Judge a Magazine By It’s Cover

But enough of the doom and gloom for now. I’ll cover the print vs digital divide in another post shortly. For now let’s get back to the exciting news – OPM:UK’s first magazine redesign since 2006. And what better place to start with than the cover…

OPM - Redesign - Old and New Cover

Old and new cover comparison

Unsurprisingly there aren’t any drastic changes to the magazine’s cover. The title and its masthead components remain intact with the notable exception of the PS4 logo replacing the now defunct PSP initials on the title bar. It’s a combination that works and an integral part of the publication’s branding that makes it easily identifiable on shop displays.

The design also retains the “hero shot” as the only image on the cover. When this is done right it certainly packs a punch and without any other sub-images to compete with it’s clear what the main feature of the issue is. But just as these staples of the brand’s identity remain, it’s the smaller more subtle changes that have the biggest impact on the face of things.

The ‘Highlight Cirlce’ that has appeared on a number of covers in recent years has lost it’s colour fill in favour of a thin colour co-ordinated outline stroke. Now I know what you’re saying – this is such a small and insignificant change on the larger scale of things. And you would be right. But I think it works much better now and feels more integrated into the overall design. OPM:UK has had some amazing cover images in the past, but some of them were tainted by a large circle jumping out, begging for your attention. I understand the need to highlight a certain feature inside the magazine to grab the reader’s attention but there’s no need for overkill. The new stroked circle still stands out enough against the blocky and straight lined nature of the rest of the design without it feeling out of place.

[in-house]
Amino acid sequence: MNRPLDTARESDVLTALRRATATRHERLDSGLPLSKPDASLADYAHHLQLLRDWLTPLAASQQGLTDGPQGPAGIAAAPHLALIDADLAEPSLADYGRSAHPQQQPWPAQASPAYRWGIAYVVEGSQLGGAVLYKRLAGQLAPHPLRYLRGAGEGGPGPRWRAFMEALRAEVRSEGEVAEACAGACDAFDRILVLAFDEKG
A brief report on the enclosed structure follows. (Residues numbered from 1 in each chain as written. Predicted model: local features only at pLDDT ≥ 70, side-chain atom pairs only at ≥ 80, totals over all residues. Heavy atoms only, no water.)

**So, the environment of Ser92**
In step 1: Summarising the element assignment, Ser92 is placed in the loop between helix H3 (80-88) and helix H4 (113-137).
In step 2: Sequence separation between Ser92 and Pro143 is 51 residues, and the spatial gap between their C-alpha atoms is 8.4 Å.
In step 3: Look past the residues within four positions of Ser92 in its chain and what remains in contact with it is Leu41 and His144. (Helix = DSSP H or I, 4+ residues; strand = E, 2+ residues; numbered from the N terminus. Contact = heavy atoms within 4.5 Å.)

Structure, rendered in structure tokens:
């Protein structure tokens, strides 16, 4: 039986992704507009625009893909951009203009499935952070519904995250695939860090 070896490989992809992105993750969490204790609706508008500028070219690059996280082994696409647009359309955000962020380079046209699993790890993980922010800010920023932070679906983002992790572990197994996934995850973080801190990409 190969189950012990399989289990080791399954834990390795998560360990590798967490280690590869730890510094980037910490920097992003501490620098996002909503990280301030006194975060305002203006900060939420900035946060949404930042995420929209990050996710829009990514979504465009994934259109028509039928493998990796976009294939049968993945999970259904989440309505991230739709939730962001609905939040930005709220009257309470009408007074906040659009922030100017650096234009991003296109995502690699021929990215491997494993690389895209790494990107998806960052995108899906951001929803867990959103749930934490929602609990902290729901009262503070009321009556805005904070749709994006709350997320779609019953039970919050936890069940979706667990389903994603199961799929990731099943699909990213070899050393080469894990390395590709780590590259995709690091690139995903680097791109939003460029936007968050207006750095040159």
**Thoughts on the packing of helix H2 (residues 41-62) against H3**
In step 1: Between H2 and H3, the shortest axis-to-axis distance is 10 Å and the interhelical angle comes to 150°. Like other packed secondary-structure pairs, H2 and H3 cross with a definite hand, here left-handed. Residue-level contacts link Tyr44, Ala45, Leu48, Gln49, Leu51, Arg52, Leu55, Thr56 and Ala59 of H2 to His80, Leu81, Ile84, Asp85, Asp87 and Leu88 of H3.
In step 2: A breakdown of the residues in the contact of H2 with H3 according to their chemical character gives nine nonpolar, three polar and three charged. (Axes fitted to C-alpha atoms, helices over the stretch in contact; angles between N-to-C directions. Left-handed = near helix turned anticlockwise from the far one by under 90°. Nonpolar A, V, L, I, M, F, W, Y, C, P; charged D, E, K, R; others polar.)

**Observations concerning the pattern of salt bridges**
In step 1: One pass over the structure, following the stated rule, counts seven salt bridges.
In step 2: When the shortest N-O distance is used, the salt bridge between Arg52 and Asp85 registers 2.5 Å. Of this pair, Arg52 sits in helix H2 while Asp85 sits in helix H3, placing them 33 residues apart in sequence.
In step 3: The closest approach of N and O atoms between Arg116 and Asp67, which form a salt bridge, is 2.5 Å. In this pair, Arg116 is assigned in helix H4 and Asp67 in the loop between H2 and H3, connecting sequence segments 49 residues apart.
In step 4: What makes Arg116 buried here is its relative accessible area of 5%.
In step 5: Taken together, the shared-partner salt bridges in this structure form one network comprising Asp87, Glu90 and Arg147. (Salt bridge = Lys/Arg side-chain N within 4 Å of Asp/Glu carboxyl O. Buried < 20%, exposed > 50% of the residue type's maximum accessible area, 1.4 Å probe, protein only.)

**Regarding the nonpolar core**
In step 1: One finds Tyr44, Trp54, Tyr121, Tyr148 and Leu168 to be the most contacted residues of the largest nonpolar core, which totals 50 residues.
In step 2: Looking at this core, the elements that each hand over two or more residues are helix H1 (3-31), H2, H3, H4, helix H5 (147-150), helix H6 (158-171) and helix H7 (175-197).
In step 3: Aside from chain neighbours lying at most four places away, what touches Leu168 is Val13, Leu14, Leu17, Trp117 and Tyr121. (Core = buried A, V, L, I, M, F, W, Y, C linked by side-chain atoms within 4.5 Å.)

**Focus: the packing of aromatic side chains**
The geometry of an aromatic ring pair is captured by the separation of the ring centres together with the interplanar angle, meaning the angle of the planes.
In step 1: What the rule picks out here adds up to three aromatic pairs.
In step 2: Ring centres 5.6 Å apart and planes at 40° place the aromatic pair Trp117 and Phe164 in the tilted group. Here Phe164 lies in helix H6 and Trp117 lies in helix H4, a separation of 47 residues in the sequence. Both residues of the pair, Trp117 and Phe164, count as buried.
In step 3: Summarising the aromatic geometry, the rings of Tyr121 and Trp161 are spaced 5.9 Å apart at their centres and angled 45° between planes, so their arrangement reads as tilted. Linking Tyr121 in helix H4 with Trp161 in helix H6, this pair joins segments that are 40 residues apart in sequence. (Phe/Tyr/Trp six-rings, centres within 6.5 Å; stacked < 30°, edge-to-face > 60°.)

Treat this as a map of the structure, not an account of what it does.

“The new stroked circle still stands out enough against the blocky and straight lined nature of the rest of the design without it feeling out of place”.

Another small addition is the sidebar running along the main feature title. Again I think this is a nice touch as it frames the text in a simple way without going over board and it helps tie the overall design together. It looks modern and, coupled with the crosshair graphic, introduces a techie feel similar to elements used within the UI of numerous console games.

These subtle changes however, would be a disaster if it wasn’t for the excellent colour scheme implemented on the cover. OPM:UK really hit the nail on the head here. Each of the four redesigned covers uses a miminal colour palette – black, white and one accent colour. In the Assassin’s Creed example above, the red accent colour just works so well. Too easily could the designers have used a number of colours to highlight various sub-titles. This is a strategy I’ve seen on a number of magazine covers and it makes them look cluttered and messy.